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The design is from Marc Lombard. When i spoke with him a while back, he said 3 to 5 percent but did not give specifics as you mentioned. Today the company that did the bulb measured again ( 3rd time with 3rd handheld device). Same consistency of .3 .5 7. variations around the bulb. The only difference was at the back on underside where it was 5%. SO This is interesting, obviously they did use antimony but as they have stated, it is not homogenous. They stated that even doing it again would result in the same distribution. I am no expert, but I would have thought there would be a way to properly mix.
Interesting - it is possible that the alloy was not mixed properly when first prepared. More likely, different parts of the bulb solidified at different rates, resulting in segregation of the antimony. When the alloy first solidifies, the solid is lead-rich, i.e., the antimony concentration in the solid phase will be lower, and higher in the liquid phase. So, if the casting solidified from top to bottom, then you would indeed expect a significant difference in composition between top and bottom of the casting.
 

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The yellow device looks like a handheld x-ray fluorescence spectrophotometer (XFR metal alloy analyzer). It should be good to about 0.1%.

Bill
 

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AGREE TOTALLY. Its a matter of life and death. Thats why I am checking it all out. Ultimately I will just follow the rules. I am preparing the results, images etc and will send to the designer of the boat, keel and bulb. If he states the 0.3, 0.5, 0.7 percents are not satisfactory, then i can not use this bulb. I have scraped away the areas with sand/dirt and its ok. Will need some patch work but its the presence and distribution of antimony that is of most concern. If the correct amounts are not around the bolt holes then this is where the problem will arise being too soft.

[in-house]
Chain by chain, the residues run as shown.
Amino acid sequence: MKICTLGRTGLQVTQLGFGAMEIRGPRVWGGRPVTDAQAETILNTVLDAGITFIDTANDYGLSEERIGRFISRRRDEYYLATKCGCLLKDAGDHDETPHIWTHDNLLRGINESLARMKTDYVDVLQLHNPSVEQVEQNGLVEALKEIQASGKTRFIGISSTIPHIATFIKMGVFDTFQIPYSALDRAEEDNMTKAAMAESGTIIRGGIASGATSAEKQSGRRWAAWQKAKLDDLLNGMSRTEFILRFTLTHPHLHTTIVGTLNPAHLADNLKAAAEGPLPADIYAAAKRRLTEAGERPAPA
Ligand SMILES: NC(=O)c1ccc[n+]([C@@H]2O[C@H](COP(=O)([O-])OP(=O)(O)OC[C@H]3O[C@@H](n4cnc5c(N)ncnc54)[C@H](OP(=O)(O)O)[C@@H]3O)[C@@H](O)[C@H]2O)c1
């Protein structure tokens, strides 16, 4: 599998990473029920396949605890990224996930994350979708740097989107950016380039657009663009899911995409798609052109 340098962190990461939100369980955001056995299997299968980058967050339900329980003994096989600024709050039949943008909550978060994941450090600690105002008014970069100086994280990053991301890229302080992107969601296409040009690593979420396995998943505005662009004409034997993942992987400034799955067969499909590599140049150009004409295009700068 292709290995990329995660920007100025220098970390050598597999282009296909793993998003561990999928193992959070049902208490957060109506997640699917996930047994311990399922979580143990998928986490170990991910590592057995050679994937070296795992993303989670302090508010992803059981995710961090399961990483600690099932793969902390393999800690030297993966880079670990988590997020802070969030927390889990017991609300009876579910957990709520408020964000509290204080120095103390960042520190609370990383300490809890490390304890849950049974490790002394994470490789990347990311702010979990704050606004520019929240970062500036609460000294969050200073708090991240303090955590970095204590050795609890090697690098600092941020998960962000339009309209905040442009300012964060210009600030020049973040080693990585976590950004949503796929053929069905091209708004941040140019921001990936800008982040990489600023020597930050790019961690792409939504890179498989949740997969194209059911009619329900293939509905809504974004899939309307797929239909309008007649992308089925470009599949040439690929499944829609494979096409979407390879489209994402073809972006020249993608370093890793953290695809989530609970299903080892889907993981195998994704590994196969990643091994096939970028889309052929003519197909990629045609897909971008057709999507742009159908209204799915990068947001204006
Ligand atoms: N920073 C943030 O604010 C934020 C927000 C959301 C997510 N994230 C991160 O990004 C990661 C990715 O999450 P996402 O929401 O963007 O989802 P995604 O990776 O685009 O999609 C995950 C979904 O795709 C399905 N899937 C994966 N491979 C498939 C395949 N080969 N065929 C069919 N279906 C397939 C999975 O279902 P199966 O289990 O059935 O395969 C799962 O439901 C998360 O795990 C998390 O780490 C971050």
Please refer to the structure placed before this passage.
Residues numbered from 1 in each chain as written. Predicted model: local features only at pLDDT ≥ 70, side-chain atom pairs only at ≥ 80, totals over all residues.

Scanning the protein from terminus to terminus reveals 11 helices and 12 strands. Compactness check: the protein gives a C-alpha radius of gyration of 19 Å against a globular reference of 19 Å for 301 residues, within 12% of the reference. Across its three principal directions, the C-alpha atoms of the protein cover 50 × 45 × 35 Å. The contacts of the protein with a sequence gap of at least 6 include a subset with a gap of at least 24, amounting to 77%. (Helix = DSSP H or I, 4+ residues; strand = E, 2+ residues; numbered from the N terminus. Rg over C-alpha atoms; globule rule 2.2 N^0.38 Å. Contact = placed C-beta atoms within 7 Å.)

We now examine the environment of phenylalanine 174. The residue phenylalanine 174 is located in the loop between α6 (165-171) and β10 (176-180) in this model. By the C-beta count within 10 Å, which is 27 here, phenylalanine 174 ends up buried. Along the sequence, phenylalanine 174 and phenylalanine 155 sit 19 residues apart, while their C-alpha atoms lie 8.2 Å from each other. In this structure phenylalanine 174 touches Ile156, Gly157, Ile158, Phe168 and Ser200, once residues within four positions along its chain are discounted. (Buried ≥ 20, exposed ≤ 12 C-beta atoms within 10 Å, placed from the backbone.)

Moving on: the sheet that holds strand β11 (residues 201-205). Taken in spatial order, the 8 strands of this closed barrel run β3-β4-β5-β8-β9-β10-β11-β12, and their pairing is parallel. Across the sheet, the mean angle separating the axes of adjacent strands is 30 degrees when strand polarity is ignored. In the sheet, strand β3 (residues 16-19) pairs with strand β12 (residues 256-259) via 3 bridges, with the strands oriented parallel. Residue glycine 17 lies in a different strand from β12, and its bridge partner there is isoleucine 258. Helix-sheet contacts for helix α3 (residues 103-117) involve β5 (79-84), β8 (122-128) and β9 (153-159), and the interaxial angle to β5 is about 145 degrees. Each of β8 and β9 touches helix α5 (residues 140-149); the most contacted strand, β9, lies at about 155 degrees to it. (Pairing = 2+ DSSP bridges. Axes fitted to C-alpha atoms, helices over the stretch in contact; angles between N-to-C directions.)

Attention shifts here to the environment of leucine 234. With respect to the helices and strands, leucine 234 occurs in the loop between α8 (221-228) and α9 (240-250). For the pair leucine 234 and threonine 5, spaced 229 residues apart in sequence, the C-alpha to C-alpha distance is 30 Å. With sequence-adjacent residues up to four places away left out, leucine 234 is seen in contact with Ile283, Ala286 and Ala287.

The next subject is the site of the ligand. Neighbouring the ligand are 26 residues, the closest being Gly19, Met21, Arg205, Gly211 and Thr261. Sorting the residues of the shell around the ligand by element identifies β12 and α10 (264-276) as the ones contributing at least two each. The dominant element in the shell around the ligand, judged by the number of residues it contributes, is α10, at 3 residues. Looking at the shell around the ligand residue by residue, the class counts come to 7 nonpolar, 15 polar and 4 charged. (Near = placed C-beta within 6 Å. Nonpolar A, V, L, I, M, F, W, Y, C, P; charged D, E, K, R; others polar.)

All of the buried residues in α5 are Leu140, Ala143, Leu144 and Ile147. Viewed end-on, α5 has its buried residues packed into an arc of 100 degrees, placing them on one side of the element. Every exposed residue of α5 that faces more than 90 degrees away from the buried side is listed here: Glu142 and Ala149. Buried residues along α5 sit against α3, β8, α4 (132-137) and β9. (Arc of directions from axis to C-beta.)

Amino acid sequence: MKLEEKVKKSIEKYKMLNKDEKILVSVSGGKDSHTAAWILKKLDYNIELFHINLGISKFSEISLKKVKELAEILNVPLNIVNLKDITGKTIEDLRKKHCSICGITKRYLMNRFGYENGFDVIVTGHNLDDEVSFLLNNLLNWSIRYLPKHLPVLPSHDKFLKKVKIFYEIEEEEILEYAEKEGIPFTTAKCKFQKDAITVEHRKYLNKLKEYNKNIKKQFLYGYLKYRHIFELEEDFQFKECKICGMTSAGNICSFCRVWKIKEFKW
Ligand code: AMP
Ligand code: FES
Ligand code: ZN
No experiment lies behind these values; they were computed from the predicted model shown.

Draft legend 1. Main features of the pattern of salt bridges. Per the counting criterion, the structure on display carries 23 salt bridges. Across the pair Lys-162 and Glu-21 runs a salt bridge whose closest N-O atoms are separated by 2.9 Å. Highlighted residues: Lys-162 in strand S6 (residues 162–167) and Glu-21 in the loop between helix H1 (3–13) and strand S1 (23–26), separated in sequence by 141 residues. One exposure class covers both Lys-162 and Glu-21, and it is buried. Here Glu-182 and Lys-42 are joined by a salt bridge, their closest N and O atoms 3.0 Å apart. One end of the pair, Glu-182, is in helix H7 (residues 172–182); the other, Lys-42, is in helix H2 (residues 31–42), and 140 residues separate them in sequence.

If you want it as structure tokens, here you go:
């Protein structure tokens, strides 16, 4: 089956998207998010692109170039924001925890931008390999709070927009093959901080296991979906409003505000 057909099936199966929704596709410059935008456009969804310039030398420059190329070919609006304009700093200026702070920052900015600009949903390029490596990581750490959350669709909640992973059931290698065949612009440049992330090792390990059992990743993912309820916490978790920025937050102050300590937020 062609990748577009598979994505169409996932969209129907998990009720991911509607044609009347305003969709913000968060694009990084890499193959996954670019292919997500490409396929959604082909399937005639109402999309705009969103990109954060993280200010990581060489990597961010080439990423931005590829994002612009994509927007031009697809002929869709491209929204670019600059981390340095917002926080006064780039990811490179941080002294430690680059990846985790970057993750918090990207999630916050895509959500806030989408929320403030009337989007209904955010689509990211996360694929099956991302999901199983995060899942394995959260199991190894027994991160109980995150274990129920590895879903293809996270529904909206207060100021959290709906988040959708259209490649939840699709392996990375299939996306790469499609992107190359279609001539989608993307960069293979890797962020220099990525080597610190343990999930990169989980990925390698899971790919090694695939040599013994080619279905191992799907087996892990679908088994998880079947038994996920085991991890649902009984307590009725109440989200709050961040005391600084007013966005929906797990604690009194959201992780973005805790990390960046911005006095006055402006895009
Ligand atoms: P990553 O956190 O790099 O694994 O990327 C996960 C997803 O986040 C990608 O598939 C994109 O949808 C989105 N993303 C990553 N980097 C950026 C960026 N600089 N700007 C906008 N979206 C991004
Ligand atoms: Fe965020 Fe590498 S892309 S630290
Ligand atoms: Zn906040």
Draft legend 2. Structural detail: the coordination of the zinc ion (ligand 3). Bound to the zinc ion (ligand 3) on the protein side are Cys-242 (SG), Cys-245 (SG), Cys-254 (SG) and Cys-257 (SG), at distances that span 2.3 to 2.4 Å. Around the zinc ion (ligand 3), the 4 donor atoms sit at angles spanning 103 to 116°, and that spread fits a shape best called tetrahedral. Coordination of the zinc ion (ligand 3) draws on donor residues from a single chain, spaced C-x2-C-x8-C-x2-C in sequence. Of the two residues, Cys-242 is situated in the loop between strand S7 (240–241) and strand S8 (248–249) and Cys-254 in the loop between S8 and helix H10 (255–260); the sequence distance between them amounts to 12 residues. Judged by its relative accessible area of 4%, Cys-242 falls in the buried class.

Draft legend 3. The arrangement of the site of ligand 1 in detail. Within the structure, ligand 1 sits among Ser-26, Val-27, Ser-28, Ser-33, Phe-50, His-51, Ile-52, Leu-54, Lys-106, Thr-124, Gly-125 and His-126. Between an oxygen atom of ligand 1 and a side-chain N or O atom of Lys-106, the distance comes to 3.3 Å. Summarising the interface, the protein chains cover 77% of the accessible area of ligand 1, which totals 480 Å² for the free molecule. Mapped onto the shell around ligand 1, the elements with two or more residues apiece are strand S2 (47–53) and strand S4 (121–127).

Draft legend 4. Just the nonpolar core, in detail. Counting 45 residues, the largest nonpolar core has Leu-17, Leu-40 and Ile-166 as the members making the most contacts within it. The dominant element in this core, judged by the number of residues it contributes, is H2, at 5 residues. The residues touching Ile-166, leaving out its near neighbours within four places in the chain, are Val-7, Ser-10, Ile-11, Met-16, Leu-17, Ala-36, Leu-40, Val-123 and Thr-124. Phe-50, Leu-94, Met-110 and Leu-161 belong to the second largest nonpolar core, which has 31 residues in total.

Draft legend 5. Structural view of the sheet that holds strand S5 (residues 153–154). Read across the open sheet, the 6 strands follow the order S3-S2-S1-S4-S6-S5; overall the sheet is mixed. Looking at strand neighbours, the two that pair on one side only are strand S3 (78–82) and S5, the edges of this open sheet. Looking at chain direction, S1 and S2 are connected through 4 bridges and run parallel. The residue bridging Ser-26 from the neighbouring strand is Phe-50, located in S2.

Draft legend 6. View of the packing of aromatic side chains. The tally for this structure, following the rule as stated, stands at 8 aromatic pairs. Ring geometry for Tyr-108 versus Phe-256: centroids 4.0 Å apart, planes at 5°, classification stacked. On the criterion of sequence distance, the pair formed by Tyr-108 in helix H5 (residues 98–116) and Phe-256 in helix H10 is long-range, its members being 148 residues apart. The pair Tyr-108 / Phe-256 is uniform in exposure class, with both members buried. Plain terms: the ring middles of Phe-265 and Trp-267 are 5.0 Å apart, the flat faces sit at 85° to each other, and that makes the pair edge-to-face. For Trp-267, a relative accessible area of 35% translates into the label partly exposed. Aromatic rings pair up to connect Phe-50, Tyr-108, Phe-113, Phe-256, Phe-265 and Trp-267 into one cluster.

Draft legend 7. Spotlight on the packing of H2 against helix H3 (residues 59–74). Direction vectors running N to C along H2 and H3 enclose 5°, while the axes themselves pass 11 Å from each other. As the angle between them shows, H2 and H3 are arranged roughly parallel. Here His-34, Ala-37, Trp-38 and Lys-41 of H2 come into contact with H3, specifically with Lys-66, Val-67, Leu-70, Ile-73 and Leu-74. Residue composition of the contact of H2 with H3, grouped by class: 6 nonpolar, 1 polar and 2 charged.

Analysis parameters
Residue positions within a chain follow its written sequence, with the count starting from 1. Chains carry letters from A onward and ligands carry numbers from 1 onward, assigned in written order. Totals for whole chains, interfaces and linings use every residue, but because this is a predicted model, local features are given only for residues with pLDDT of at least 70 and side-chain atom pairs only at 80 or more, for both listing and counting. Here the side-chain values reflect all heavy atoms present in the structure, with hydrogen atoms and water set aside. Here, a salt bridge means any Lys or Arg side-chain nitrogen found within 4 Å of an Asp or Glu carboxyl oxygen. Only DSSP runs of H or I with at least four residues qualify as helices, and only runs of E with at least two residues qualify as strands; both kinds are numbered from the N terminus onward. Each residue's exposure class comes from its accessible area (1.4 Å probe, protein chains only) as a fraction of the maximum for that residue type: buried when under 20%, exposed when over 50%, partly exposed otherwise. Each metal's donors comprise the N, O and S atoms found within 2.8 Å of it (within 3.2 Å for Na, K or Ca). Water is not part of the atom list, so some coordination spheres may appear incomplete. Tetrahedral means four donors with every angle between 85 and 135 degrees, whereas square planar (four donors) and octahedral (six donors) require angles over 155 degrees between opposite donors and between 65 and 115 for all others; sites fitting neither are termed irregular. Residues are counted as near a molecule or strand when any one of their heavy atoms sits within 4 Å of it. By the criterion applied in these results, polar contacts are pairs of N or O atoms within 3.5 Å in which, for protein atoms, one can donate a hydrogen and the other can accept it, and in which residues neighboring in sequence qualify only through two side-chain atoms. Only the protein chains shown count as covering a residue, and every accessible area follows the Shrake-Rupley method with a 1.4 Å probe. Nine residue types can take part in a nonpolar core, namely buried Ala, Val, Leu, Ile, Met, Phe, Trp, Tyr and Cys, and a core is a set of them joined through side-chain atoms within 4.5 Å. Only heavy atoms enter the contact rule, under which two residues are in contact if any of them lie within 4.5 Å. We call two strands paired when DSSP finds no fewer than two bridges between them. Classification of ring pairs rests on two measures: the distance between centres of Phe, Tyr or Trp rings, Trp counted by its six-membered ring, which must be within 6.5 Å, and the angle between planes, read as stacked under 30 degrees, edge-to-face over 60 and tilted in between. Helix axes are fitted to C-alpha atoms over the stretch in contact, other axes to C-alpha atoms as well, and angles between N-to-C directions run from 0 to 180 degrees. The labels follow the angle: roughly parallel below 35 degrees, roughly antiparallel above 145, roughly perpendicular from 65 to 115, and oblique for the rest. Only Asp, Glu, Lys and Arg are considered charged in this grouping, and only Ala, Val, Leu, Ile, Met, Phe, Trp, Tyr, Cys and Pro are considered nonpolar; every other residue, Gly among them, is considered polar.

I just looked up a paper on the mechanical behavior of Pb-Sb alloys. A reduction of the antimony content from 3 to 1.5% results in a decrease of the tensile strength by about 25% - that's significant.
 

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I just looked up a paper on the mechanical behavior of Pb-Sb alloys. A reduction of the antimony content from 3 to 1.5% results in a decrease of the tensile strength by about 25% - that's significant.
Wow thats a big difference. Do you have a link to the document?
The vendor has stated they can not get it to be homogenous but what I would like to know is, why do I see a consistent 0.3 to 0.7 on all spots of testing. Would it be correct in thinking, done the right way I should see something like 2.5% to 3.5% ?
 

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I have no metallurgy experience to weigh in on the alloy issues. It’s common to have antimony, but have no idea how to check for it, nor what to reasonably expect.

I have, on the other hand, blasted keels down to bare metal to rebuild epoxy and antifoulant. It is not uncommon to see significant surface distortions, from the mold. I can’t tell, if the OP’s pic is a symptom of something worse, but needing to fair out keel imperfections is pretty common. My last even had a molded logo/number that needed to be filled.
 
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Wow thats a big difference. Do you have a link to the document?
The vendor has stated they can not get it to be homogenous but what I would like to know is, why do I see a consistent 0.3 to 0.7 on all spots of testing. Would it be correct in thinking, done the right way I should see something like 2.5% to 3.5% ?
I sent you the paper by PM. It's not the best paper, but it should give you a good idea of how the antimony affects the strength of your alloy.

I'm not surprised that there is such a large difference in antimony content. It's a very large casting, and if it solidified from top to bottom, then segregation would lead to large composition differences. This, in turn, would lead to large différences in strength. The main areas of concern would of course be the attachment points. It shouldn't be too hard to calculate the required strength if the designer knows the anticipated loads on the keel.

Good luck!
Joost